Forever is a really long time.

To really make forever with anyone work, there is a lot of give and take. Parents, siblings, lovers, children, friends… It’s a lot of people with whom you are both consciously and subconsciously compromising.

There are incredibly silly things that are just resolved in the course of feeling each other out. What should the default radio station be in the car. Who cares whether it’s NPR or the local top-twenty station. Just figure it out, and move on.

Then there’s the next tier, which is where one starts to change because the compromise isn’t something one would naturally choose, but the specific relationship is worth it. As an example, I hate talking on the phone, absolutely hate it, but I have a lot of friends who don’t use technology like I do, and so to stay in their lives I call them. More likely they call me, but I take the call, which I just… I hate the telephone. Actually, note to self… I should find my iPhone ear buds because that was the one saving grace.

Back to the topic at hand. The change oneself tier is penultimate to the remain true to oneself tier. At some point, one has to be oneself, and any relationship which changes that core is actually a destructive one. If you find that you need to change something which is at someone’s core, then just don’t have a relationship with that person.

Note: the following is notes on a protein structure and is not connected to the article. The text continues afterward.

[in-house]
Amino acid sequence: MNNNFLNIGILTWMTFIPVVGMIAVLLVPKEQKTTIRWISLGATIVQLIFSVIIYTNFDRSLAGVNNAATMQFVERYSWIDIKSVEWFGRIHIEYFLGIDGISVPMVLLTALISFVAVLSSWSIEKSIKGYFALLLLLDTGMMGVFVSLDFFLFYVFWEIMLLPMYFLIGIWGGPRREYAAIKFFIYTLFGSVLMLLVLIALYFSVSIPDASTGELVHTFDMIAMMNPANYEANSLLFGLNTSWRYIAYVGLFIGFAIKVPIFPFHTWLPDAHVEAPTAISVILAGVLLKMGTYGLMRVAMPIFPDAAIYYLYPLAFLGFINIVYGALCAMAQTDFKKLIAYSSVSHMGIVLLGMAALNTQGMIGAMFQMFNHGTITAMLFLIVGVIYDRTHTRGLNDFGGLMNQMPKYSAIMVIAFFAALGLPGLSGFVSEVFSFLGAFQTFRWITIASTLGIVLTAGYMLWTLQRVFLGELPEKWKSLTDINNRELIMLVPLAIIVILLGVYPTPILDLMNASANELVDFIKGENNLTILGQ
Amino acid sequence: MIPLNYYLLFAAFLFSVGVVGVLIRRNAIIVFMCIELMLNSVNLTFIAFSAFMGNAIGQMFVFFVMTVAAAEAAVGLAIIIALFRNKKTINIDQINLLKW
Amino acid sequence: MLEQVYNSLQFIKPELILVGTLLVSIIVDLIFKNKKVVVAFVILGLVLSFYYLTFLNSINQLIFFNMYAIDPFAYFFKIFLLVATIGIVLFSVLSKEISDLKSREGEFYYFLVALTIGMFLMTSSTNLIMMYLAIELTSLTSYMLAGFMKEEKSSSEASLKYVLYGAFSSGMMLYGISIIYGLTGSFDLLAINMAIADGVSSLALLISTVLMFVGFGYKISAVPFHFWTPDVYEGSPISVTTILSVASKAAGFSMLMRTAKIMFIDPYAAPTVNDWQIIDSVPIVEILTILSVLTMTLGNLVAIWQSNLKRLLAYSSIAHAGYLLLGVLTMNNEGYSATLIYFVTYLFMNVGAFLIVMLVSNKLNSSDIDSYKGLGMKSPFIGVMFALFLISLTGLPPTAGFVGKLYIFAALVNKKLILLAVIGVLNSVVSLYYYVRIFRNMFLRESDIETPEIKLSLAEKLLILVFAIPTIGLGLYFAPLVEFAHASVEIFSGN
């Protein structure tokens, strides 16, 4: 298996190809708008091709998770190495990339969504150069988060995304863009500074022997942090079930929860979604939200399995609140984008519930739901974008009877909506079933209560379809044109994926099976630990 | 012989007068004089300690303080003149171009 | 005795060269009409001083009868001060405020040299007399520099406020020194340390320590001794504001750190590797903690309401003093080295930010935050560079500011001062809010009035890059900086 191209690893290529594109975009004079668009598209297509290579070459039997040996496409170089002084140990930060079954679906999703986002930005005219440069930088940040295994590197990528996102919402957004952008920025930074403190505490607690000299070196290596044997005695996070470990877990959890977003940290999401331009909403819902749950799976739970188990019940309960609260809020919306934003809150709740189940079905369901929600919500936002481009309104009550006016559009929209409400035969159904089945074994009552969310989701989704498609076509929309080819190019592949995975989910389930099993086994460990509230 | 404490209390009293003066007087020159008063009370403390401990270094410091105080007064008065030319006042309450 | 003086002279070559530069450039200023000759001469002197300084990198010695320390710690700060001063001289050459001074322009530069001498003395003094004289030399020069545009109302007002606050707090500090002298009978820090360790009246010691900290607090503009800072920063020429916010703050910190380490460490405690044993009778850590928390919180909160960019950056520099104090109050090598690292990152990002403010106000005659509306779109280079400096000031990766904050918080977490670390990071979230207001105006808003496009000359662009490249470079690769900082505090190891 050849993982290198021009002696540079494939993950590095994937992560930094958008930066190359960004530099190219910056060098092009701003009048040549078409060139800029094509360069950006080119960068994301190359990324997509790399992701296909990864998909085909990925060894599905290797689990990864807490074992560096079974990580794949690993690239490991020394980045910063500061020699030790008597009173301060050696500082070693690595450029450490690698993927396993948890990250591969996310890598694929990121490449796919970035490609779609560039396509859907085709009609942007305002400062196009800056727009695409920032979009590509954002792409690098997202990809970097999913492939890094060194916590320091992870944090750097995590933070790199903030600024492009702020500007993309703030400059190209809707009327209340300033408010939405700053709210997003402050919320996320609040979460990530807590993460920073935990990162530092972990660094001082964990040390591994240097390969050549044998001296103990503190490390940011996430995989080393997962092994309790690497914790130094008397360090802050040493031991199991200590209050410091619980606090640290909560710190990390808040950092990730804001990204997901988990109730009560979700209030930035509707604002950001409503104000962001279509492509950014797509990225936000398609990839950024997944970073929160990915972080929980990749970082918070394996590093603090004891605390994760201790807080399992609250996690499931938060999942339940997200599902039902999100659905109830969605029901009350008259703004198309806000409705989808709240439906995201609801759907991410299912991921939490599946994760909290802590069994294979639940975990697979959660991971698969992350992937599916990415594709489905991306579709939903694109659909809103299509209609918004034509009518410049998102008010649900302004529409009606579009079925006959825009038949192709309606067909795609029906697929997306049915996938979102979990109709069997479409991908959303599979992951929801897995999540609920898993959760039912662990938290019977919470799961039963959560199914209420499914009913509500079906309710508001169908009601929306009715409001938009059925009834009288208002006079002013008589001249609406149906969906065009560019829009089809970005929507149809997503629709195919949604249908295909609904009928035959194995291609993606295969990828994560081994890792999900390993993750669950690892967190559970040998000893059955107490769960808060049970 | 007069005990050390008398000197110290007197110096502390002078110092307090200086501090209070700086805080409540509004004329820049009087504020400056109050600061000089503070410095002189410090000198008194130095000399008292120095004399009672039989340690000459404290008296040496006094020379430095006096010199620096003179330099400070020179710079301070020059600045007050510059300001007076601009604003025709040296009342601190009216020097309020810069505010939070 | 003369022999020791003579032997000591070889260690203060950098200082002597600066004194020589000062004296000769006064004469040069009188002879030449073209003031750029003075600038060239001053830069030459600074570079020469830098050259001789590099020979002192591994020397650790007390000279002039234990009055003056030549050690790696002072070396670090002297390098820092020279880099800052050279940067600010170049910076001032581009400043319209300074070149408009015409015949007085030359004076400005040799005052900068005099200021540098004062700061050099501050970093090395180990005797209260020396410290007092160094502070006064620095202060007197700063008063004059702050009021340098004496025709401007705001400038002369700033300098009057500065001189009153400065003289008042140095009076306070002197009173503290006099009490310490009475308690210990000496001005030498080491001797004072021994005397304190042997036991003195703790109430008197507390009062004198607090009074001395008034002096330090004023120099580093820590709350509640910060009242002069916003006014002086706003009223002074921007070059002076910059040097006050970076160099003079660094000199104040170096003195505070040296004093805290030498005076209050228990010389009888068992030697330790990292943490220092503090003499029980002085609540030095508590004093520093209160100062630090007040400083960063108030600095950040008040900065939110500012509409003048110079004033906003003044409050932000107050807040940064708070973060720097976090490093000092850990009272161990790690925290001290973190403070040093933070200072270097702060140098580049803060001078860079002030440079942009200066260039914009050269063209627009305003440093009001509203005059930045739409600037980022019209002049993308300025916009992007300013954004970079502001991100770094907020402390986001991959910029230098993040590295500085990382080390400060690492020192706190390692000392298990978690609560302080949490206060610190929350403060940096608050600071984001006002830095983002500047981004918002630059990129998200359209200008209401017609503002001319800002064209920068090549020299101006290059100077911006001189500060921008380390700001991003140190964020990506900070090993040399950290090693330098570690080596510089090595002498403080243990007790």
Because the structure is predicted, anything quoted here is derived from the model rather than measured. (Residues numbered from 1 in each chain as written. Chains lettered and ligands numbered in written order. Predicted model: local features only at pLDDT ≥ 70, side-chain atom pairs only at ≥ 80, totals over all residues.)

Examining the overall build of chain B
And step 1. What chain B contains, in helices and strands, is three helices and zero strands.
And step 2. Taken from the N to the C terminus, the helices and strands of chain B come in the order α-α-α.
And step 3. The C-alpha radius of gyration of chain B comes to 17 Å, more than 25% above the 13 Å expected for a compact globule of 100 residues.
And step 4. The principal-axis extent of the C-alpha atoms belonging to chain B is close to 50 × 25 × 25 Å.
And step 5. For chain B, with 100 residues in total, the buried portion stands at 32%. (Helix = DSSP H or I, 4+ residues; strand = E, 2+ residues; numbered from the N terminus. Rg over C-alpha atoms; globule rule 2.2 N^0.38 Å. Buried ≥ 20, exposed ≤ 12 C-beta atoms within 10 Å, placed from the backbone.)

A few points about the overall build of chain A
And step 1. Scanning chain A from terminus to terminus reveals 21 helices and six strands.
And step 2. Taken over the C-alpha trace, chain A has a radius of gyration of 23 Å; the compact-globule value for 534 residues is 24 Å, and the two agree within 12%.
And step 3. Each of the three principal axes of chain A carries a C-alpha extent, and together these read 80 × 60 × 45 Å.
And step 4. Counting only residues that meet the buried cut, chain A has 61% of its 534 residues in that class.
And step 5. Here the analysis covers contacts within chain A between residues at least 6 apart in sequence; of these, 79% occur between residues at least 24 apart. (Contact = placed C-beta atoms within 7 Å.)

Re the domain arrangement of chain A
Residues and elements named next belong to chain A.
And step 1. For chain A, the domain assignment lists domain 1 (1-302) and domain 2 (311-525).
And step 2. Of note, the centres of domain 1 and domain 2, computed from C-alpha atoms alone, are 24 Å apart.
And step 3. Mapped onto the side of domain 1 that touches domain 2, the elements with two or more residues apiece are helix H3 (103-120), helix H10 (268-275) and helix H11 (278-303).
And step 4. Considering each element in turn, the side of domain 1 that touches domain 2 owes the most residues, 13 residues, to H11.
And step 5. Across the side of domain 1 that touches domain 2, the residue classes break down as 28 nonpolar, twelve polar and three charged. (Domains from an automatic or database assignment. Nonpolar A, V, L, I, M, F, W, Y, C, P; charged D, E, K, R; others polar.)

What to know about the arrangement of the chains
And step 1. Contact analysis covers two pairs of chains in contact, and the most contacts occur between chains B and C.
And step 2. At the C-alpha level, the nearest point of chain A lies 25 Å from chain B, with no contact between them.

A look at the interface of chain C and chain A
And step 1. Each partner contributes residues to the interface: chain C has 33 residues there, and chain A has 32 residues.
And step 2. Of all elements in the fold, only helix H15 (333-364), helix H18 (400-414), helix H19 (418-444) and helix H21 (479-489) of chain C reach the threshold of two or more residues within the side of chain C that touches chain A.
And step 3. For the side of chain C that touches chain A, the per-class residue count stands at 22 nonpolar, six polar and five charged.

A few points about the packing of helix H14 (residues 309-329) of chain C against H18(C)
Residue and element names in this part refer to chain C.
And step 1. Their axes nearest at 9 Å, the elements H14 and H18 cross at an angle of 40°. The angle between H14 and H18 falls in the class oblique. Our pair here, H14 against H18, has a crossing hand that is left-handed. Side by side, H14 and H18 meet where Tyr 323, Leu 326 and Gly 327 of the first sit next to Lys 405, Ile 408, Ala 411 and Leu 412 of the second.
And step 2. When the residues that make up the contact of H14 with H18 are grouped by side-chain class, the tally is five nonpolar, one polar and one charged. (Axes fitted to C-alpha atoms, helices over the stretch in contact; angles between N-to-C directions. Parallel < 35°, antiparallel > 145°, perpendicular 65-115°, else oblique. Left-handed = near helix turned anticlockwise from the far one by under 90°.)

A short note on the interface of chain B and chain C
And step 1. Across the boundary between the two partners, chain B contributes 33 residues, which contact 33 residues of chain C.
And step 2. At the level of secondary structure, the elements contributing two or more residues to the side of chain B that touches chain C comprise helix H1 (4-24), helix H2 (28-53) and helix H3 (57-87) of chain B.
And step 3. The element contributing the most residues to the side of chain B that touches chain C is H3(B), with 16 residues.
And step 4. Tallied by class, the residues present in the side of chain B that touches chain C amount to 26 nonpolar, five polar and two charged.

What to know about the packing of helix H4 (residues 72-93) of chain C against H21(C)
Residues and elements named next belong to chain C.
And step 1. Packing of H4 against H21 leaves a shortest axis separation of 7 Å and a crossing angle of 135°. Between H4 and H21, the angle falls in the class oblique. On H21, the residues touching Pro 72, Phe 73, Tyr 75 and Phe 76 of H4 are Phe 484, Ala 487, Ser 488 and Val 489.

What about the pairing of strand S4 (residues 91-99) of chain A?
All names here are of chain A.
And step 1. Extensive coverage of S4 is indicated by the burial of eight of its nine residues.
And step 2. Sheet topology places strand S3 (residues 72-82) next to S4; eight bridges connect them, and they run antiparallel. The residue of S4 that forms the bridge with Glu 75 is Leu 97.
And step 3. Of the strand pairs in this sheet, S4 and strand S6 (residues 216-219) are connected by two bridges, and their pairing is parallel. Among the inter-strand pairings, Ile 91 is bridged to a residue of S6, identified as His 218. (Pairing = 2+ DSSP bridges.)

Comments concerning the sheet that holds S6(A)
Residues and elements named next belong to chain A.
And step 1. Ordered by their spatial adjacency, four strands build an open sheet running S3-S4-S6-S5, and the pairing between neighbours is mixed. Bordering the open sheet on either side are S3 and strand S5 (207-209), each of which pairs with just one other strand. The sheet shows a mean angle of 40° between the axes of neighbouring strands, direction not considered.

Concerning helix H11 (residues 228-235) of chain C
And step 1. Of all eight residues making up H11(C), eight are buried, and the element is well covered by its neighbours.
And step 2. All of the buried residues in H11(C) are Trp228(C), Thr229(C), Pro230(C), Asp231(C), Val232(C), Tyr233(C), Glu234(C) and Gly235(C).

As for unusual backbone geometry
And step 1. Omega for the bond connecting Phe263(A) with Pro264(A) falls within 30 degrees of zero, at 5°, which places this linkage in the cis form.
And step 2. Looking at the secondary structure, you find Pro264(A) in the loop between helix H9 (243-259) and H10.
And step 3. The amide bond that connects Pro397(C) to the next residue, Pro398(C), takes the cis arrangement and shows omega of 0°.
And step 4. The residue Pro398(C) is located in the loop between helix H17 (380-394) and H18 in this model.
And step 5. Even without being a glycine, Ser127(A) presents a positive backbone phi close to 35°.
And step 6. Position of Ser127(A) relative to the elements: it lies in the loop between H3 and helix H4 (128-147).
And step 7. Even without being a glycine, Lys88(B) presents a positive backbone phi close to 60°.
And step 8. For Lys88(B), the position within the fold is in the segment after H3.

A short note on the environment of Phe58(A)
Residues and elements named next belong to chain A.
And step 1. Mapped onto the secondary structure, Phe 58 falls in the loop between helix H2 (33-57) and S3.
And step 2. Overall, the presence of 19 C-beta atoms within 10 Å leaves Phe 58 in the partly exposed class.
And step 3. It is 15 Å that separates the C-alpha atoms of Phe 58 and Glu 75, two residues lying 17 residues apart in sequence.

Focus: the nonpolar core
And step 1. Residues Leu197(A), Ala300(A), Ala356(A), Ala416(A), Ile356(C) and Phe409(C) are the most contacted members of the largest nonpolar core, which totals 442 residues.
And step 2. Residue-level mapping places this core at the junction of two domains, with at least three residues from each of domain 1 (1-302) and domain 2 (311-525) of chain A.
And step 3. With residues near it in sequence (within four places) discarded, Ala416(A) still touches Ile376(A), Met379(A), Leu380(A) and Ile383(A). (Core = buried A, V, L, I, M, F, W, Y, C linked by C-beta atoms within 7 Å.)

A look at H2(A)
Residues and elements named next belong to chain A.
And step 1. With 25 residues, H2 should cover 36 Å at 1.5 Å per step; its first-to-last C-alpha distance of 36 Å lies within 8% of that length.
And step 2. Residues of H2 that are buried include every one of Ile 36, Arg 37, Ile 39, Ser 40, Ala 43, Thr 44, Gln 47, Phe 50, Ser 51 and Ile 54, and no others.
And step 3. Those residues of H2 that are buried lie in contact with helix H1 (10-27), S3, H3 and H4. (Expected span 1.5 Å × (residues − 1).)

I know the missionaries out there disagree, but I feel as if re-writing an individual’s core is like programming them to be a different person just so that it suits you better.

The ironic bit of it is that the line between the change oneself tier and the true to oneself tier is undefined, and undefinable. It’s also ever changing, and difficult to nail down. Very Heizenberg in nature in that sense. And just like the partially understood electrons in Heizenberg’s Uncertainty Principle, the opposite party in the relationship can try to nail down an understanding or meaning or logic to why your core is the way it is, but at some degree that’s one’s secret sauce to cultivate, develop and share as one sees fit.

Why people are this way isn’t supposed to make sense, and that’s the leap of faith we take when we commit ourselves to true lifelong relationships.

Making sense of “it” is a mistake.

Discovering “it” is the purpose of the journey.